India’s outbound FDI may touch $35 bn: Study

India’s outbound FDI may touch $35 bn: Study
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First Published: Sun, Jun 17 2007. 02 22 PM IST
Updated: Sun, Jun 17 2007. 02 22 PM IST
New Delhi: Creating perhaps a record of sorts, the country’s total outbound foreign direct investment (FDI) in 2007 may exceed the target of $30 billion for inbound FDI in fiscal 2007-08, a study said.
“For Indian corporate sector, 2006 was a watershed year in terms of mergers and acquisitions as Indian companies went shopping across the globe. Total outbound deals, which were valued at $4.3 billion in 2005, crossed the $15-billion mark in the following year and could well breach the $35-billion level this year,” the report by Ficci and Ernst and Young said.
The report on ‘Direct investments in the Unites States of America by Indian enterprises’ also revealed that Indian companies invested over $2 billion in 2006-07 in 48 deals with the US counterparts.
“IT and ITeS have emerged as the front-runners in outbound investment from India to the US, accounting for 48% of the total 48 deals worth over $2 billion in 2006-07,” the report said.
Top three of the 48 deals are Tata Tea’s $677 million acquisition of Energy Brands Inc, OVL’s Omimex de Columbia takeover for $425 million and Tata Coffee’s $220 million deal with Eight O’Clock Coffee Company. However, the Tatas later sold their 30% stake in Energy Brands Inc to Coca-Cola for $1.2 billion.
Besides the bigger deals, small and medium enterprises also made acquisitions in areas like IT, ITeS, pharma and healthcare, irrigation, electricals, automotives, textiles, telecom, paint, paper and gems and jewellery.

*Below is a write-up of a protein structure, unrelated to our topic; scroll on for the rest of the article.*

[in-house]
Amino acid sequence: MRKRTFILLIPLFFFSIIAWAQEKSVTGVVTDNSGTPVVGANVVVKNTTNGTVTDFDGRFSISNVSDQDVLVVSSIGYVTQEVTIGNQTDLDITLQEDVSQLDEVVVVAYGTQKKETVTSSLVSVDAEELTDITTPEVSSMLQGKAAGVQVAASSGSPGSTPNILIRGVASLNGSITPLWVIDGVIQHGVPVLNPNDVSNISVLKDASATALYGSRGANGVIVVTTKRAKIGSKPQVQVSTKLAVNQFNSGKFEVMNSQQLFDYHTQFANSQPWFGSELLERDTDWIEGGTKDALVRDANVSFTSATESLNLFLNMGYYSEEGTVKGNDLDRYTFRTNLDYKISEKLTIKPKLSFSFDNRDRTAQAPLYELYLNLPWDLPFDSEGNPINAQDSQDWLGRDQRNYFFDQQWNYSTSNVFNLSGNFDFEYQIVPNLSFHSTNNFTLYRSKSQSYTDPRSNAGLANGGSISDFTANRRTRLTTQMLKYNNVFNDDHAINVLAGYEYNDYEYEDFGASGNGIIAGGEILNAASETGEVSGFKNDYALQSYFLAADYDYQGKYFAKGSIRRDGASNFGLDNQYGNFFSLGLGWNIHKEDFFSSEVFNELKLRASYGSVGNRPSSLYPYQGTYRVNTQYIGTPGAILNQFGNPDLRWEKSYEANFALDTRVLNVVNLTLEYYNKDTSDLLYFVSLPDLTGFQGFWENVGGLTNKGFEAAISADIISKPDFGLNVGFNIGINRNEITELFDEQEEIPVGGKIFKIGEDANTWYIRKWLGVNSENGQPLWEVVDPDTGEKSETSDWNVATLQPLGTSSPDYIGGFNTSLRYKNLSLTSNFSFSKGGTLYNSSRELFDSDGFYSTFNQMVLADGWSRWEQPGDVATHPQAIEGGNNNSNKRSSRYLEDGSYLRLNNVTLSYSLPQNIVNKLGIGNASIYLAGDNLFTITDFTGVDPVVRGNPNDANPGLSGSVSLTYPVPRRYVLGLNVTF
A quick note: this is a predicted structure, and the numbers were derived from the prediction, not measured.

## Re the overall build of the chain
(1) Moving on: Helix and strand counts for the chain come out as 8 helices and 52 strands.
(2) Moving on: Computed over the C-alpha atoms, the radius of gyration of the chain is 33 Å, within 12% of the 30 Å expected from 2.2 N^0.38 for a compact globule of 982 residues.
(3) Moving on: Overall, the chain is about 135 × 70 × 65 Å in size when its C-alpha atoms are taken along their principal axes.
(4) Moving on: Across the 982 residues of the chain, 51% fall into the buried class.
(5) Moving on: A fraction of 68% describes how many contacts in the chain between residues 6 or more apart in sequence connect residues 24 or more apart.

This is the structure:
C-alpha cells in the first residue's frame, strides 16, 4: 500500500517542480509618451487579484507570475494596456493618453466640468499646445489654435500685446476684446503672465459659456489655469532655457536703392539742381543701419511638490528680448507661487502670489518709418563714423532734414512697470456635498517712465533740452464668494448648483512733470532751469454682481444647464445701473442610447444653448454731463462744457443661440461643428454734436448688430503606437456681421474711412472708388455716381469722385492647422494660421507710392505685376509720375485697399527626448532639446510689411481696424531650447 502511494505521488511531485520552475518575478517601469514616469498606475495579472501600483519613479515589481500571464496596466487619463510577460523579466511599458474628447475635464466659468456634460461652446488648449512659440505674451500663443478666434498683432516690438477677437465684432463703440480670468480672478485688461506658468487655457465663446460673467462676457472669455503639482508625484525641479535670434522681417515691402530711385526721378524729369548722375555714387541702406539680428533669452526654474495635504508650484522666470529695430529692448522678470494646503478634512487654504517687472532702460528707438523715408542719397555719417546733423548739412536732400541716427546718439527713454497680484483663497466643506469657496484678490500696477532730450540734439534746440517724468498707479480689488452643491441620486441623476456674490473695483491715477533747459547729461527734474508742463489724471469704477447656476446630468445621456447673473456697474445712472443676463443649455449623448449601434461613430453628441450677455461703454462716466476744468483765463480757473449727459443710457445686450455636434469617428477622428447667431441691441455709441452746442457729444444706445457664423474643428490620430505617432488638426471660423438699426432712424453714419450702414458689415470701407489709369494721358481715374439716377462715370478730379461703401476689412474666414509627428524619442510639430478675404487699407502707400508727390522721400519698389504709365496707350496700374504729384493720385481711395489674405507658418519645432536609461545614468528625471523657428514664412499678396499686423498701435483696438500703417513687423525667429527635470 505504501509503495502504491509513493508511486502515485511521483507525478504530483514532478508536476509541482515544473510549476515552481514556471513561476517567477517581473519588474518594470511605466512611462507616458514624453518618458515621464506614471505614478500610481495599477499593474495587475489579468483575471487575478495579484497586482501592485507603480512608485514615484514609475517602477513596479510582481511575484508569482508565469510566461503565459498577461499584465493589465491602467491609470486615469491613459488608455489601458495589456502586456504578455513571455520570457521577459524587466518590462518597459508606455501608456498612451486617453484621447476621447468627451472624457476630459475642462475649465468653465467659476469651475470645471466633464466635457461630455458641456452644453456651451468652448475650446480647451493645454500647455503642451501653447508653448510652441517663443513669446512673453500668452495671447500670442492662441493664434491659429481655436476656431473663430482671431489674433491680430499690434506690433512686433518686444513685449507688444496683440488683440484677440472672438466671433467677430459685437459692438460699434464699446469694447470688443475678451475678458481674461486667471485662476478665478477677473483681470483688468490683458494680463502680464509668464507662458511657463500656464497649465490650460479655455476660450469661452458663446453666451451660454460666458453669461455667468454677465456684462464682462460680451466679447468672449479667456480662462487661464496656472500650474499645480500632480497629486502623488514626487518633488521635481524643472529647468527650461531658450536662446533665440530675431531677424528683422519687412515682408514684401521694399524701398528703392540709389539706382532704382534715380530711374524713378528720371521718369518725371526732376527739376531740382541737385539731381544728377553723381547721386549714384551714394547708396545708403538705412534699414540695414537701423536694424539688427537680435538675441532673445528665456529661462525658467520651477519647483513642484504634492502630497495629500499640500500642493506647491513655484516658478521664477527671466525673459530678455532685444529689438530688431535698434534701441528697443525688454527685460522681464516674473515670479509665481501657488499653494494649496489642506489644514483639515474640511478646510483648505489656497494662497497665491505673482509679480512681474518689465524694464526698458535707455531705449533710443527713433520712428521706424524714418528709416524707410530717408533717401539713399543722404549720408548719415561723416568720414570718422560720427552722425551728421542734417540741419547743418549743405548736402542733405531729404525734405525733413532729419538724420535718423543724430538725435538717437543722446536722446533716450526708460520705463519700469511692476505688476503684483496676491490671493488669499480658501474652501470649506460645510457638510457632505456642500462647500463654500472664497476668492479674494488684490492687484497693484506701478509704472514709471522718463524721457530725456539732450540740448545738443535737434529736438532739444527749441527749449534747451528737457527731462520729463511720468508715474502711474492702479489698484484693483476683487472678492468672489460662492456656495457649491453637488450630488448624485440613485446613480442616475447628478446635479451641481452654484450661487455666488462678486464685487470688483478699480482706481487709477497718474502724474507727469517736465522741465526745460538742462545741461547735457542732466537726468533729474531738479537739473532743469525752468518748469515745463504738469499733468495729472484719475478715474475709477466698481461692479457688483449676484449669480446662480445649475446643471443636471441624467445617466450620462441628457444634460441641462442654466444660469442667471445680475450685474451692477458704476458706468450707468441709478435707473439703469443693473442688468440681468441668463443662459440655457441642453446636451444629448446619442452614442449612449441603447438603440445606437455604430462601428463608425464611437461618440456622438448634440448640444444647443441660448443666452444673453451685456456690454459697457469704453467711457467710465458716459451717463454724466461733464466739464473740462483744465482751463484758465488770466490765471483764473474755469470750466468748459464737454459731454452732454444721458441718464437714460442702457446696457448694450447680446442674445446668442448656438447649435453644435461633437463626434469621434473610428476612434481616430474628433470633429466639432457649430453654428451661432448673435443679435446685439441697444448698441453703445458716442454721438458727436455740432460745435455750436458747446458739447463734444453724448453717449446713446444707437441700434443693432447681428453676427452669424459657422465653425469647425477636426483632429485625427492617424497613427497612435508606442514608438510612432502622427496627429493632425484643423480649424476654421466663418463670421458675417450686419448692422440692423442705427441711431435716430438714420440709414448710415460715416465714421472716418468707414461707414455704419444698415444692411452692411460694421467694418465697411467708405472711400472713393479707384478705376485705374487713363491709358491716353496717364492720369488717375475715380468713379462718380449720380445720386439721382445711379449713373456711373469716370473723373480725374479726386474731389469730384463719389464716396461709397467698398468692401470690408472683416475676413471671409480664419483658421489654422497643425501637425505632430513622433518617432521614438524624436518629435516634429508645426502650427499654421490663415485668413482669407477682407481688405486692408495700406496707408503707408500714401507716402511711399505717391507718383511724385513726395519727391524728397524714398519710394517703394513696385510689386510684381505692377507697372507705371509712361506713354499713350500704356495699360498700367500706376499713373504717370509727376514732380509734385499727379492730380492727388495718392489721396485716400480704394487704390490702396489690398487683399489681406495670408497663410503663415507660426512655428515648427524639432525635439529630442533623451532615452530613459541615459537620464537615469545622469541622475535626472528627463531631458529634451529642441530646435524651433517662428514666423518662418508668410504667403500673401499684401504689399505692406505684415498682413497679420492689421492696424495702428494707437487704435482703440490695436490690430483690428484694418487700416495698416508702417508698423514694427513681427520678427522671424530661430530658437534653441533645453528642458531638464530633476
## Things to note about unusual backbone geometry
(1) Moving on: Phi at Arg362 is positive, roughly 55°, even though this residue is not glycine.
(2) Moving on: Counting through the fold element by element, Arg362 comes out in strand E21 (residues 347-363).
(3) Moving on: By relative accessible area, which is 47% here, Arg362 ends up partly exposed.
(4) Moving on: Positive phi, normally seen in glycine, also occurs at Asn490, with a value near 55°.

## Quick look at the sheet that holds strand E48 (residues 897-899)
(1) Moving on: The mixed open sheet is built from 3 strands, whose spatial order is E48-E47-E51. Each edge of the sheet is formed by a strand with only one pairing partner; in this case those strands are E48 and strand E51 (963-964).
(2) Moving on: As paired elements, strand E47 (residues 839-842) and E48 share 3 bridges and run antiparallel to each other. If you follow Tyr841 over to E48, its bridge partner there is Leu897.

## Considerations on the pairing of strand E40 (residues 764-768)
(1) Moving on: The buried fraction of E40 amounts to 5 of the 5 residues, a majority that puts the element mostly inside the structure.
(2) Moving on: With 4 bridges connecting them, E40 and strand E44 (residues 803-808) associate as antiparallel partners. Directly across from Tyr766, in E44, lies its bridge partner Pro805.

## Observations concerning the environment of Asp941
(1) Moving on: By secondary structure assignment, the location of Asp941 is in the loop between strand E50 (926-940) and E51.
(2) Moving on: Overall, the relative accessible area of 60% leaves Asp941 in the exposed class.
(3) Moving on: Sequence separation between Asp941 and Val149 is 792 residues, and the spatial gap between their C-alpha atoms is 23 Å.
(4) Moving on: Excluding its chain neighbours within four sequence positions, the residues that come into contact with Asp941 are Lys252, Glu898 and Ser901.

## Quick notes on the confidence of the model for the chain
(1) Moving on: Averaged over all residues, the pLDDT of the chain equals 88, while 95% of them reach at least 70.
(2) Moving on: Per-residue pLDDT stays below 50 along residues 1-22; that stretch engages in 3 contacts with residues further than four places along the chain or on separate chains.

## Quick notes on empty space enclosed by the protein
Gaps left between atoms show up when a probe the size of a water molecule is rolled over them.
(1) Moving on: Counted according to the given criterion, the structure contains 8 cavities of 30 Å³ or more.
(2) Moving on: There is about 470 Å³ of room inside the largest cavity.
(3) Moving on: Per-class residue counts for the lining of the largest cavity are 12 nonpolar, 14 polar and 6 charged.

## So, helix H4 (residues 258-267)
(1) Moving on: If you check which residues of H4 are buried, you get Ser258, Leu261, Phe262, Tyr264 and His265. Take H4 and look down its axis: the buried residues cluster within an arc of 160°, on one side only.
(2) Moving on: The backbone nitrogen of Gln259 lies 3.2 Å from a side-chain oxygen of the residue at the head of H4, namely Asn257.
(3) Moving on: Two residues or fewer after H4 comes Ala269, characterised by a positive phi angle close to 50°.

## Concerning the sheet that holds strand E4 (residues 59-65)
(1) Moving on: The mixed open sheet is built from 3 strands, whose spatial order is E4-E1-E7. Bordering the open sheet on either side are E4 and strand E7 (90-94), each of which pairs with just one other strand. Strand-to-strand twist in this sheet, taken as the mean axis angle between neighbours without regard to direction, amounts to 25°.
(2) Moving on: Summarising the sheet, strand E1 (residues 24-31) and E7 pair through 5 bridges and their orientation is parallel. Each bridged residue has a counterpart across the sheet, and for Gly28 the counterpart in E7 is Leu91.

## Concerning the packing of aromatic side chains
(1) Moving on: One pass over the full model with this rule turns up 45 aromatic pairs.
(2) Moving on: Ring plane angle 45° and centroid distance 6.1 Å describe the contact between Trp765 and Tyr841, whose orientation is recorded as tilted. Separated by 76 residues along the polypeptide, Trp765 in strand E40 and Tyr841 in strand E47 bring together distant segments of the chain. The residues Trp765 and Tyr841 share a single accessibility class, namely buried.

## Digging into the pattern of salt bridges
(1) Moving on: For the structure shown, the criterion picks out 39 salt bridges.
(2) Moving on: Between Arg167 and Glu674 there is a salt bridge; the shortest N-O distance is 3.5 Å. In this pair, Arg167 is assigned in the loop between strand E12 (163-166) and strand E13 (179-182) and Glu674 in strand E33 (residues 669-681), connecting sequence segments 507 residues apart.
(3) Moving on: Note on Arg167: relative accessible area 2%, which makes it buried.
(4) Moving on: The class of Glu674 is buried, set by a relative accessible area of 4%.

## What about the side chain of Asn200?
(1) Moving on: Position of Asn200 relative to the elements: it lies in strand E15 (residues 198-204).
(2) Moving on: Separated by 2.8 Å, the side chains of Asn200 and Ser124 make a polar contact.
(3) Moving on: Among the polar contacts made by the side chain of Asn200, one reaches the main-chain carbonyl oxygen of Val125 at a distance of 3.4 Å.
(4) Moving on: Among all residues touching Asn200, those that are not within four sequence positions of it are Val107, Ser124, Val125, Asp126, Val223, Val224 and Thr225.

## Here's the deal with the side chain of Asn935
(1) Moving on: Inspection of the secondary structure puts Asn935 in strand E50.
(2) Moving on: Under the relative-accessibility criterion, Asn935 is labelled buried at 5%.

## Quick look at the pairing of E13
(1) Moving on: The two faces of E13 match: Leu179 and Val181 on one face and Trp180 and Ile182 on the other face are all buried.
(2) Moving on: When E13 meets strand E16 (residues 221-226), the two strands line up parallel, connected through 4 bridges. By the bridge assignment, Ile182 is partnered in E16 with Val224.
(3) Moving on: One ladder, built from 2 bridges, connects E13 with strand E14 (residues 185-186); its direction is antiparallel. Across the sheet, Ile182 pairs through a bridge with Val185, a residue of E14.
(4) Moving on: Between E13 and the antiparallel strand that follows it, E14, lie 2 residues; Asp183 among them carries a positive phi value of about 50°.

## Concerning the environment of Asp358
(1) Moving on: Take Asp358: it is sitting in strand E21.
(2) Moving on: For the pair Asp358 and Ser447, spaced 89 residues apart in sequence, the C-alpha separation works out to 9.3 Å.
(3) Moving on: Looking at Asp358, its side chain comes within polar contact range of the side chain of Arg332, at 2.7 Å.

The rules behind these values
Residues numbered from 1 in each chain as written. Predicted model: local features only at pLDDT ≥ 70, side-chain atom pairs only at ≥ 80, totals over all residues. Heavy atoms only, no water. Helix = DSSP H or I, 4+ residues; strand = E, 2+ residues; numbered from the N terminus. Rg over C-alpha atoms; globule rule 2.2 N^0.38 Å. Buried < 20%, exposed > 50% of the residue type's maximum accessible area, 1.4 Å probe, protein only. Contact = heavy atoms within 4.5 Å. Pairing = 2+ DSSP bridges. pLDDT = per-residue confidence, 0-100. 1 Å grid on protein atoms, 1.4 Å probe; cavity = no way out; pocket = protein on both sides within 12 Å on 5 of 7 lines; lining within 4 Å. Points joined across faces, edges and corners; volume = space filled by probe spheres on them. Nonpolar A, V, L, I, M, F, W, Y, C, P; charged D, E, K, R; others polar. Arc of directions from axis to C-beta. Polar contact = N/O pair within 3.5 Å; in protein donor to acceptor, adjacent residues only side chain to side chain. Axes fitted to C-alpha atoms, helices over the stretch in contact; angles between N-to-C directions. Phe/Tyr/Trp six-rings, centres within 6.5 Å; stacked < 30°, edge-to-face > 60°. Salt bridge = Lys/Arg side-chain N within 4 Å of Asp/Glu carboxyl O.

The investments were primarily driven by increased profitability, cost advantage, increased willingness of corporate India to take on risk, a liberal regulatory stance of the Indian government and exposure of domestic companies and their management to the US companies, the Ficci-Ernst and Young report said.
Management practices and maturing of the Indian corporate sector in terms of fundamentals and competitiveness were the other reasons fuelling the growth in outbound deals, it said.
“The US has emerged as a dynamic market for Indian companies, which are likely to invest $10 billion in that country by 2010,” Ficci secretary general Amit Mitra said.
Apart form the mega deals, which catch the limelight, there are lots of small and mid-sized deals in $20-60 million range, which are driving the growth.
“Greater activity would be witnessed in this band in the next few years,” Mitra said.
For the first time ever the total value of outbound deals exceeded that of inbound deals in the first half of 2006.
“Indian companies will continue to invest in the US and Europe and besides acquiring only brands, would now be shifting focus to manufacturing, technology and R&D,” Ernst & Young partner Gaurav Taneja said while releasing the report.
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First Published: Sun, Jun 17 2007. 02 22 PM IST
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